Whether it is suddenly losing a loved one, finding out your spouse is having an affair, learning that your child is using drugs, or discovering that a child has a major illness, shock is the body's way of saying, “I can’t deal with this right now and I need a moment to collect myself.”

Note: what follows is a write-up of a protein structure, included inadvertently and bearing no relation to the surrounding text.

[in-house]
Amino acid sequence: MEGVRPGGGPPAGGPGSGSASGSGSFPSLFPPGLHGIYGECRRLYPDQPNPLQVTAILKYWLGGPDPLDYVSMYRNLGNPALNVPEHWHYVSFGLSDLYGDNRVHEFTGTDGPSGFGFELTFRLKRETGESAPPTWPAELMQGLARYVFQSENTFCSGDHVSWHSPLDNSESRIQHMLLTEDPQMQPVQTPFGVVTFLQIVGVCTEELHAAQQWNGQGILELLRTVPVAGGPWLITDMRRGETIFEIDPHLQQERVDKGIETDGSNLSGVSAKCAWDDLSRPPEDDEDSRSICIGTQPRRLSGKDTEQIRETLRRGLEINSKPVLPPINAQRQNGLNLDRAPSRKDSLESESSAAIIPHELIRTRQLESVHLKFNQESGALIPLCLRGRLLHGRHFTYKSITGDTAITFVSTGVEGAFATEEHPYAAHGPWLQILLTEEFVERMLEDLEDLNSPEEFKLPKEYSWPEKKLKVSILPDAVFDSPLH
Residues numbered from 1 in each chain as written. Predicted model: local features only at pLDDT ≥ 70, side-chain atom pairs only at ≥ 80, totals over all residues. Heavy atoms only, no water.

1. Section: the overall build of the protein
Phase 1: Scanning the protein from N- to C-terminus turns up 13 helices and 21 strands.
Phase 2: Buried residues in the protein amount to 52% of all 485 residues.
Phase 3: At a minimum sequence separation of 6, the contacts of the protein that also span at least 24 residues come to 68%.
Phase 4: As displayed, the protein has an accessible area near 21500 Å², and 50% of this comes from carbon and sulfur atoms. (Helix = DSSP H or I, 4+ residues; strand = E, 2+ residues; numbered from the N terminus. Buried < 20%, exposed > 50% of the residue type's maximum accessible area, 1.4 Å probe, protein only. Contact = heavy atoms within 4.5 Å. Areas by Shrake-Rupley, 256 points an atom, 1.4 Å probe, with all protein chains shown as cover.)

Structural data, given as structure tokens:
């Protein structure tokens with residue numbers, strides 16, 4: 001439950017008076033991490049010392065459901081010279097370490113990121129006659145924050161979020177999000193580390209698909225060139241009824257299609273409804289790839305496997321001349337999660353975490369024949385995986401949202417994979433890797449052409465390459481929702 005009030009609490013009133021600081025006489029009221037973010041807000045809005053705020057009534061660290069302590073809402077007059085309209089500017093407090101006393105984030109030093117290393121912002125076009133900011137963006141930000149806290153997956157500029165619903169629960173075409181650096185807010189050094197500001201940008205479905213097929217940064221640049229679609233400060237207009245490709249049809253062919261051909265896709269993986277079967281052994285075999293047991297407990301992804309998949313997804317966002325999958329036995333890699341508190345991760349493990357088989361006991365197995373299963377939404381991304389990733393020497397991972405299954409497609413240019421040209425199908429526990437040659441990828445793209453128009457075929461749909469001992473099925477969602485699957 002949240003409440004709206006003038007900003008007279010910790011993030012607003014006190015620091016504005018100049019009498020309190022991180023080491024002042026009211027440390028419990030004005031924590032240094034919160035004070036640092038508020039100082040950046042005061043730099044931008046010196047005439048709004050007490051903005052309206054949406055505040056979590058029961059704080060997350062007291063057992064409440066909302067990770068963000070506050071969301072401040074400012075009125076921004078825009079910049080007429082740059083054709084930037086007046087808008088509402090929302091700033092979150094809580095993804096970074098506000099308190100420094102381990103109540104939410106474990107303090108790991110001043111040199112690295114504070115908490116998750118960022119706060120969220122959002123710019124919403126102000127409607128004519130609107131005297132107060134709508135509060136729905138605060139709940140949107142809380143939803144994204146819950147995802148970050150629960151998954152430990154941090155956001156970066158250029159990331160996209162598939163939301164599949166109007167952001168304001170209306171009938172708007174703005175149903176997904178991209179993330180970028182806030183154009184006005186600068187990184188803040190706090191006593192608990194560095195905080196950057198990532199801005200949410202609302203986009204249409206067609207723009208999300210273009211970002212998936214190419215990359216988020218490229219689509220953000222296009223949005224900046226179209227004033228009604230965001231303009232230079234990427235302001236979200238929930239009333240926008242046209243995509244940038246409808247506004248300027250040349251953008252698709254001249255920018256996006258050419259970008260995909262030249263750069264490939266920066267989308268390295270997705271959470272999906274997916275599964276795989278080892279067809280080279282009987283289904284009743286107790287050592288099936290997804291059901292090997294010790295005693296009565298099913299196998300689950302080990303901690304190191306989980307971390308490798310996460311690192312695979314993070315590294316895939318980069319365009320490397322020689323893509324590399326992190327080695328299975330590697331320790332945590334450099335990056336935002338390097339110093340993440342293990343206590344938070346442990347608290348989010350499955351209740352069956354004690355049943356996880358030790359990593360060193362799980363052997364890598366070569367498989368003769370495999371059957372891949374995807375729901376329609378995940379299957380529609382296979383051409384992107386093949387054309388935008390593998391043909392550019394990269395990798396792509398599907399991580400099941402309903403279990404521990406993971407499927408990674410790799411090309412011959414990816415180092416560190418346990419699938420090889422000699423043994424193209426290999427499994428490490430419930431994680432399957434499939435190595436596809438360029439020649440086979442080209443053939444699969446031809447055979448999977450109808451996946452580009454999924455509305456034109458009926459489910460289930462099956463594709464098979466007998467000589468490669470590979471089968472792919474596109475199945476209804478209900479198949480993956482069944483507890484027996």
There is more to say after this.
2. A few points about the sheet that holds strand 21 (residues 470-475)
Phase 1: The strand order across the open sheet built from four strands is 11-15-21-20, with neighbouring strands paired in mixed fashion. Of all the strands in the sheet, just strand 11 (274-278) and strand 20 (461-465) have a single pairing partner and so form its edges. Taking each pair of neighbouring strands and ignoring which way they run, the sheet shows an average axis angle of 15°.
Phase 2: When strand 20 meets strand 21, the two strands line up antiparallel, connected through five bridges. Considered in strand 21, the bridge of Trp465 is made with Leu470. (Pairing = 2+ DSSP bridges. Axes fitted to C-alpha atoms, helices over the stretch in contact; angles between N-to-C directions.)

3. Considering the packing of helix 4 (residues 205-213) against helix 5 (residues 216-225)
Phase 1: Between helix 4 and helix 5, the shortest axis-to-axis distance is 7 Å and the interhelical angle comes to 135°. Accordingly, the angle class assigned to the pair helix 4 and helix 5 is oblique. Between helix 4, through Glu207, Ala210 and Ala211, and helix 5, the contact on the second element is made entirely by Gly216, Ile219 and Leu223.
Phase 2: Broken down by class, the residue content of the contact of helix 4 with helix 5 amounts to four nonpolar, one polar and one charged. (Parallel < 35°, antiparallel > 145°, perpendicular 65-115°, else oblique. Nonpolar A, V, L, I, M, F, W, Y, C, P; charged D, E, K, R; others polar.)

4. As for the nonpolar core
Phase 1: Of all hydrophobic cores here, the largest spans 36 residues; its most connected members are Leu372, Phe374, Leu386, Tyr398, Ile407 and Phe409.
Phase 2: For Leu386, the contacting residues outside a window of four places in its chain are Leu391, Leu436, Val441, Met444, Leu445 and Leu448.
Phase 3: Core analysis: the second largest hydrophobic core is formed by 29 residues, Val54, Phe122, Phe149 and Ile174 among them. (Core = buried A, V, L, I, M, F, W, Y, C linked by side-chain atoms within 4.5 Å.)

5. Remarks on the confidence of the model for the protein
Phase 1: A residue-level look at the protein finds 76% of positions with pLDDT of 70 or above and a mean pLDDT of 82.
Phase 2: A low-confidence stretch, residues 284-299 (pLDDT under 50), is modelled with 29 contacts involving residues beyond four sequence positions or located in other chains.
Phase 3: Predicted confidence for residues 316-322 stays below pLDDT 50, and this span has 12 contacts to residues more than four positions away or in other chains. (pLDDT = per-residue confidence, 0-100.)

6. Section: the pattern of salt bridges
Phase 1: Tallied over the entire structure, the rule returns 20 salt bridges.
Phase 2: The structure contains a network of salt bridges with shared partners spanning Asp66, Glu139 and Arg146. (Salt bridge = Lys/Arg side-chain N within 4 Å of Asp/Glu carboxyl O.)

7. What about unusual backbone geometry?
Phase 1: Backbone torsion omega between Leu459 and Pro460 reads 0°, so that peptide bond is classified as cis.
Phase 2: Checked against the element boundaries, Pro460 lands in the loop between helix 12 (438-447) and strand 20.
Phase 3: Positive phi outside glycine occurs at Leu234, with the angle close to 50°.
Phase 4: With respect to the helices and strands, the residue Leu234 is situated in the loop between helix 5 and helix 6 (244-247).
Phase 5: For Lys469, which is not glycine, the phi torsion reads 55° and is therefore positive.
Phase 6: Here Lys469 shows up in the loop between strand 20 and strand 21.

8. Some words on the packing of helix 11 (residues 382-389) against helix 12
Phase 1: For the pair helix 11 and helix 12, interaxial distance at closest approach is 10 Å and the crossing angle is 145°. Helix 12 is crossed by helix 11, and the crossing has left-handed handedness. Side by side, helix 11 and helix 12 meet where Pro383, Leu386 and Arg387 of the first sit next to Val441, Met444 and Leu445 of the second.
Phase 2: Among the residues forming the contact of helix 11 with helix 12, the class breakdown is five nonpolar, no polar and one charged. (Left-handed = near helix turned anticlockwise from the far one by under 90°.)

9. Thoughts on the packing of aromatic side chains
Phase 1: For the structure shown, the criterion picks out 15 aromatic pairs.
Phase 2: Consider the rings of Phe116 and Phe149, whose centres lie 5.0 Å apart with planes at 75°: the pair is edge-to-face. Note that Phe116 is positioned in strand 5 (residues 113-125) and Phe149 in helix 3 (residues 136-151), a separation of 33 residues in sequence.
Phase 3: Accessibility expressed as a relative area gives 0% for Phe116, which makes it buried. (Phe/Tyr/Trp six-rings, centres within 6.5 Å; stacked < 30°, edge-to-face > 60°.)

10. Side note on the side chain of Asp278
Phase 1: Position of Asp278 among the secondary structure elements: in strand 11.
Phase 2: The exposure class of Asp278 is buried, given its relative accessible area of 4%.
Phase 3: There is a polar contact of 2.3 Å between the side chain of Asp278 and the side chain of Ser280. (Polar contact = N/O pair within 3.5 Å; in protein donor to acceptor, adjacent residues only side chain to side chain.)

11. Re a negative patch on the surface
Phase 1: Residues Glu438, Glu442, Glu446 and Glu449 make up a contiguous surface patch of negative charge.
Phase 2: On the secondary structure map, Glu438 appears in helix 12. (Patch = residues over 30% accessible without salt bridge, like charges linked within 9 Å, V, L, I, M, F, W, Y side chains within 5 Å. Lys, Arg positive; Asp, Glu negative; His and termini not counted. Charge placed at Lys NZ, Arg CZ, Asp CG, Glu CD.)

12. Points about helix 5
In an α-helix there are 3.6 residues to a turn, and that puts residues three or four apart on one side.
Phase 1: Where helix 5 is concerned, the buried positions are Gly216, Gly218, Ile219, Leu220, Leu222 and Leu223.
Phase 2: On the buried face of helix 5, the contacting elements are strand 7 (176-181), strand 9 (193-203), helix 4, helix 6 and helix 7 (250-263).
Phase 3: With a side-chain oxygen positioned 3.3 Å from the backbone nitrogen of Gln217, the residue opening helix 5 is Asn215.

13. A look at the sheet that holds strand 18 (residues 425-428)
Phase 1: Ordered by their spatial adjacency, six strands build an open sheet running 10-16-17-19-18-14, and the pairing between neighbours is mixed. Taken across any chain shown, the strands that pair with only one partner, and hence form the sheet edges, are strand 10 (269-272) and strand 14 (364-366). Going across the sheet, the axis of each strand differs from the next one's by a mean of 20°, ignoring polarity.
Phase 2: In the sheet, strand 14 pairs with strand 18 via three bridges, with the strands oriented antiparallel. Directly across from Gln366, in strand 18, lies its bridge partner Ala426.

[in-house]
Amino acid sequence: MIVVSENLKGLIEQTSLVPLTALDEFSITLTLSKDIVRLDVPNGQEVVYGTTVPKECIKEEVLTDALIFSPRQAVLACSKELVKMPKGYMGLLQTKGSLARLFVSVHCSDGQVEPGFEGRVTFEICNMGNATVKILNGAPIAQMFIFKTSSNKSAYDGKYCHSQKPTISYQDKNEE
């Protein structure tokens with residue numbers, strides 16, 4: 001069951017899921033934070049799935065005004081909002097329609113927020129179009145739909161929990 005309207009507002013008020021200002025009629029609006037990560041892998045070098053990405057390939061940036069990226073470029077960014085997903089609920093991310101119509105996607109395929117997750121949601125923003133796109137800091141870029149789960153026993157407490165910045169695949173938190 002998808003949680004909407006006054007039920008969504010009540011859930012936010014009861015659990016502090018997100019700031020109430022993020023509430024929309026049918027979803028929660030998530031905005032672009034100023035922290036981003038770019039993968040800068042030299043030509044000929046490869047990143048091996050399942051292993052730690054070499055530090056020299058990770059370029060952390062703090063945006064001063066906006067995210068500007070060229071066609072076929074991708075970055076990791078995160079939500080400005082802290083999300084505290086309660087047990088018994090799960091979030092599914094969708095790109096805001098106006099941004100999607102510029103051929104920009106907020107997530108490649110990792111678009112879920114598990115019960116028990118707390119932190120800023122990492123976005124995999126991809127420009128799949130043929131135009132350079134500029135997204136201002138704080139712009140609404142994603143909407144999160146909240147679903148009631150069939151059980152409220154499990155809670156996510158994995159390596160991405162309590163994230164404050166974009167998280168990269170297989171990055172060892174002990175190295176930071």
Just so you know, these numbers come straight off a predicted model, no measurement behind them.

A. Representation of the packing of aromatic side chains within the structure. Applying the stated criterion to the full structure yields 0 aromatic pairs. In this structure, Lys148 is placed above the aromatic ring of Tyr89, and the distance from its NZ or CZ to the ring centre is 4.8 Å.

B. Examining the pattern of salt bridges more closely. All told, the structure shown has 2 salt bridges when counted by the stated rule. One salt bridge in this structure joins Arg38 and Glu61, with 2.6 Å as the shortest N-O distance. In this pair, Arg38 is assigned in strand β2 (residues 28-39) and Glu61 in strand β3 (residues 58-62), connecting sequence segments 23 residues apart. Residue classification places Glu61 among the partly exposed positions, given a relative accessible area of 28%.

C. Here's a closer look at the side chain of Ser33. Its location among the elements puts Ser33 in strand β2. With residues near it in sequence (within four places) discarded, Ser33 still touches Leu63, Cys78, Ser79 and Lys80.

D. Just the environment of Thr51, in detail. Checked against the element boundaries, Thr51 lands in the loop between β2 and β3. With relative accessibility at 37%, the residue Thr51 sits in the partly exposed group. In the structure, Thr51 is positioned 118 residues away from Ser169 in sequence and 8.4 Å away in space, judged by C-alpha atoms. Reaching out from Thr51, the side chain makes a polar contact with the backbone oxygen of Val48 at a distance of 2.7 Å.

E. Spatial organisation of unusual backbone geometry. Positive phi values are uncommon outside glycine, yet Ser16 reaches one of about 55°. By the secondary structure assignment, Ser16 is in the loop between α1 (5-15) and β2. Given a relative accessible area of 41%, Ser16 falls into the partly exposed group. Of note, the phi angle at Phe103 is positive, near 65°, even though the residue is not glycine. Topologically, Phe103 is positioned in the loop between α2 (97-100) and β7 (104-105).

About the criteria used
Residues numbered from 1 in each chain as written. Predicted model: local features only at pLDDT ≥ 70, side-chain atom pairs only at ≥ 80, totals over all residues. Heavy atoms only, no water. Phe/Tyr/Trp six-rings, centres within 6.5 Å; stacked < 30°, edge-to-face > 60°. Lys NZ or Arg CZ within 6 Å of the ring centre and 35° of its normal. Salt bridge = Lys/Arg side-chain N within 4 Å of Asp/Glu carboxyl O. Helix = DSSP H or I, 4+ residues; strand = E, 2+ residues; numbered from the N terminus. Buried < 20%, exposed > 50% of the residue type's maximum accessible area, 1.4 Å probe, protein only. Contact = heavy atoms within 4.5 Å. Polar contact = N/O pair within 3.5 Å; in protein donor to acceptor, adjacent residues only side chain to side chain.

When people experience trauma, they can be both damaged and shocked. While trauma is recorded in us psychologically, shock is recorded physiologically. This is why we can have both emotional and physical responses long after a traumatic event. Overcoming Shock explains the physiology of shock and how shock can control our responses to life. It shows how it impacts our lives and how it can be effectively treated. Zimberoff and Hartman explain that it is important to understand that nearly everybody experiences shock at one time or other in their lives. Overcoming Shock explores the effects of shock on our lives, including its profound impact on miscommunication, abuse in relationships, tenacious addictions, depression, mental illness, and even spiritual seeking. Here are proven tools for successful treatment and real-life examples of people who have overcome the debilitating patterns caused by shock and trauma.